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Read that controversial .africa letter

Kevin Murphy, July 16, 2015, 16:58:01 (UTC), Domain Policy

Did the African Union Commission really use a letter written by ICANN to express its support for ZA Central Registry’s .africa bid?
Having now obtained and read it, I have my doubts.
I’m publishing it, so you can make your own mind up. Here it is (pdf).
That’s the letter that The Register’s Kieren McCarthy reported yesterday was “ICANN-drafted” and “duly signed by the AUC”
“Essentially, ICANN drafted a letter in support of ZACR, gave it to the AUC, and the AUC submitted the letter back to ICANN as evidence that ZACR should run dot-africa,” The Reg reported.
I don’t think that’s what happened.
What I see is a two-page letter that has one paragraph indisputably written by ICANN and whole bunch of other stuff that looks incredibly remarkably like it was written by the AUC and ZACR.
And that one ICANN paragraph was drawn from the new gTLD program’s Applicant Guidebook, where it was available to all governments.
The Reg reported that ICANN, in the unredacted ruling of the Independent Review Panel, admitted it drafted the letter.
What The Reg didn’t report is that ICANN merely admitted to sending the AUC a letter based on the aforementioned AGB template, and that it was subsequently heavily revised by the AUC.
It was not, I believe, a simple case of the AUC putting its letterhead and John Hancock on an ICANN missive.
I believe that ZACR had quite a big hand in the redrafting too. The stylized “.africa (dotAfrica)” is not how ICANN refers to gTLDs, but it is how ZACR refers to its own brand.
The letter was written in order to satisfy the requirements of the Geographic Names Panel, which reviews new gTLD applications for the required government support.
The original AUC letter (read it here) was simply one paragraph confirming that ZACR had been appointed .africa registry, as the winner of an African Union RFP process.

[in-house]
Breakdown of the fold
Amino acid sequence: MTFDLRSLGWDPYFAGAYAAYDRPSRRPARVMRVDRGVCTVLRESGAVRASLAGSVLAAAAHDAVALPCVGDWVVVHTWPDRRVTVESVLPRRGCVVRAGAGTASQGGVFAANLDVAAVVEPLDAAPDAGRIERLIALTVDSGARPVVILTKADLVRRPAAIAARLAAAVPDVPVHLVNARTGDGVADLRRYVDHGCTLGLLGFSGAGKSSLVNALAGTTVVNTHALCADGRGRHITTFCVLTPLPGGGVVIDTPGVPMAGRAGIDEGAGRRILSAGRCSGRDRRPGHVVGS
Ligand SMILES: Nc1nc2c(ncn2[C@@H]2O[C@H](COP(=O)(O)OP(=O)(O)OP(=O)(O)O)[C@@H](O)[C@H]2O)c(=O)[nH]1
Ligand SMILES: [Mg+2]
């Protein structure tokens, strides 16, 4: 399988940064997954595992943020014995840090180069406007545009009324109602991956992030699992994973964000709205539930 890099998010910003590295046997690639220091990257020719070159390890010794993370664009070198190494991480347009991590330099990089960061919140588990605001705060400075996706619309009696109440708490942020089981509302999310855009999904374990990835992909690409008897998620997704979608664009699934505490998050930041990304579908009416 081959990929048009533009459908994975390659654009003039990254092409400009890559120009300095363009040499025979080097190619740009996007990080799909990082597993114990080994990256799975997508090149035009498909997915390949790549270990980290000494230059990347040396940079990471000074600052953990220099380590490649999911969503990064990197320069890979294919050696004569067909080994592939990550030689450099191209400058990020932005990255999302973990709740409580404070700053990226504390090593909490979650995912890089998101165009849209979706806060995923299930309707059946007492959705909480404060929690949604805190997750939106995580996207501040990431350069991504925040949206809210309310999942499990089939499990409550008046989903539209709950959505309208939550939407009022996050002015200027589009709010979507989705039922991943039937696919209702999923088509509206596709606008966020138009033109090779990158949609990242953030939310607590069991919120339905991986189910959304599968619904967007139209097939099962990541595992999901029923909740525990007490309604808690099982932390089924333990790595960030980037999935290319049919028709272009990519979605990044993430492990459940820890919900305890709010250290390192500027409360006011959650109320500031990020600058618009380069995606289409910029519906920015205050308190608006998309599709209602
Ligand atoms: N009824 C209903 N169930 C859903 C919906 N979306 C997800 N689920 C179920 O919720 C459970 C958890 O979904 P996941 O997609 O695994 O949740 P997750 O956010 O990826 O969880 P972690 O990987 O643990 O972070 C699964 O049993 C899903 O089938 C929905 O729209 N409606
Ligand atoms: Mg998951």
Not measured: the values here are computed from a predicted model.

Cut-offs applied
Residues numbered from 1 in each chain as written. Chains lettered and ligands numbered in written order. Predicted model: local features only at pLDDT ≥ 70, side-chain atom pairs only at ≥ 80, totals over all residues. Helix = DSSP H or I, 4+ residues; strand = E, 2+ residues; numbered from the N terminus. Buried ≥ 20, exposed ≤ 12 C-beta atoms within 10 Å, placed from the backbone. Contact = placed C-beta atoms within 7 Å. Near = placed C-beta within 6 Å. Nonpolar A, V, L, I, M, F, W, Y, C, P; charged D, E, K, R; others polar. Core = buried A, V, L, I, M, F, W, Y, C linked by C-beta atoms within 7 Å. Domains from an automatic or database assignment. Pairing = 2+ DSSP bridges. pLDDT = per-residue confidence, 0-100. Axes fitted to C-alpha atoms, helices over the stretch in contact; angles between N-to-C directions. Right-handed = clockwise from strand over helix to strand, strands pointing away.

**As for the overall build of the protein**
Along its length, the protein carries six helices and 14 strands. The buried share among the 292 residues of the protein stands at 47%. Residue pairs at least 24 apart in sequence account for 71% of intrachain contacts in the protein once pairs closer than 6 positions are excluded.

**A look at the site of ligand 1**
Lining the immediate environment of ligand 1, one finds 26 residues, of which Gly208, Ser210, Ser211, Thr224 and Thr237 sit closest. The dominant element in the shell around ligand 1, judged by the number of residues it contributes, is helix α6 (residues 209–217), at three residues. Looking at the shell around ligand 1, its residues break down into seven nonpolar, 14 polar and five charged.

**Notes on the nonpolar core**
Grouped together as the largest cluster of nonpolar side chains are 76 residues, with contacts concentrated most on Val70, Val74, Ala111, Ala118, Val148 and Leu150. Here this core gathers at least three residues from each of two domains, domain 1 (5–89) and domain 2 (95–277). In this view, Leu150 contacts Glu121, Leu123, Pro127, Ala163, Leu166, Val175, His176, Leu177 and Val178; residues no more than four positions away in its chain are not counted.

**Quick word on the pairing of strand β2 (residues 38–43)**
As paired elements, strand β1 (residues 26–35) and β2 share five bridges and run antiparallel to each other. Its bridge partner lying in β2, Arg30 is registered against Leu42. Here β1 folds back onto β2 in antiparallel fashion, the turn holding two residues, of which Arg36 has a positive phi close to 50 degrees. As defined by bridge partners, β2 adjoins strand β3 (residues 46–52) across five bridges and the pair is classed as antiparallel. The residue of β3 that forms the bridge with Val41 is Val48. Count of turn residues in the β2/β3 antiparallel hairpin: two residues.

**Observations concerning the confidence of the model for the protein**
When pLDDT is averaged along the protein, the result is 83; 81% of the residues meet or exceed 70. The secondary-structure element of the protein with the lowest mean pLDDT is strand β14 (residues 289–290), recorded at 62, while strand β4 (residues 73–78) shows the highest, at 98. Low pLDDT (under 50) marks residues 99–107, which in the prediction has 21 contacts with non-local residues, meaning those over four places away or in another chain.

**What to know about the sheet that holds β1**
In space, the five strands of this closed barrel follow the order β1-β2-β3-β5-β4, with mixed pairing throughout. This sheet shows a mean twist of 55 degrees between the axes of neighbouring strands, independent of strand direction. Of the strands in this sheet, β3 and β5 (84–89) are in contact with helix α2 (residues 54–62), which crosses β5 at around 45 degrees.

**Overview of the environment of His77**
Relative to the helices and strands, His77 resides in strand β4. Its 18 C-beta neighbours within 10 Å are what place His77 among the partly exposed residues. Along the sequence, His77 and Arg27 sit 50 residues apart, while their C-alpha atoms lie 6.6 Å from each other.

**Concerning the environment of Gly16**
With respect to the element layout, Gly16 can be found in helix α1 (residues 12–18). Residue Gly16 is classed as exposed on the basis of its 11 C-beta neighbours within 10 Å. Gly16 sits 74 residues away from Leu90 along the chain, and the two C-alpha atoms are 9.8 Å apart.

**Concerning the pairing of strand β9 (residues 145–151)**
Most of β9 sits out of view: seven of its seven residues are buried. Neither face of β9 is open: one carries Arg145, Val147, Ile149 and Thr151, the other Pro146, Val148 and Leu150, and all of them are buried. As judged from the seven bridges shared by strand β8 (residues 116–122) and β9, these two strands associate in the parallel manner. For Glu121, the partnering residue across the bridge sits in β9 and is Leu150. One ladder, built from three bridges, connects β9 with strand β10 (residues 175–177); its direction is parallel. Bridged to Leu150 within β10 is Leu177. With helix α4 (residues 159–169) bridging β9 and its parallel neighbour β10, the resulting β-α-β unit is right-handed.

It didn’t have enough information, or was not specific and formal enough, for the GNP, which issued a “Clarifying Question”.
In response to the CQ, it seems AUC reached out to ICANN, ICANN sent over something not dissimilar to its AGB template, the AUC and ZACR redrafted, edited and embellished it and sent it to ICANN to support their .africa application.
Did ICANN act inappropriately? Maybe. But I’m losing my enthusiasm for thinking about this as a massive scandal.

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Comments (7)

  1. John Berryhill says:

    “whole bunch of other stuff that looks incredibly like it was written by the AUC and ZACR”
    Are you intending to say that it appears to have been written by AUC and ZACR, or are you intending to say that it is not credible that it was written by them?

  2. Who is John Hancock?
    Well from the context, it seems you meant “signature”.
    But please bear in mind that a lot of people who read DI are not native speakers of English.
    And I’d bet you that 99% of people you asked on the streets of London would not know what John Hancock means. I had to read it three times before I was sure you hadn’t written ‘John Thomas’ and were being rude.

  3. John Berryhill says:

    For you, or your readers?

  4. This is a non-story in my opinion.
    Can you imagine if ICANN failed every applicant with a Clarifying Question? Remember, nearly every applicant passed Initial Evaluation. For example, the Letter of Credit portion of the application required specific, compliant language for ICANN to allow an applicant to pass. There are literally many cases that applicants had to work with their bank/financial institution to get the language right to comply with ICANN. How is this different?
    Siding with ICANN staff on this one.

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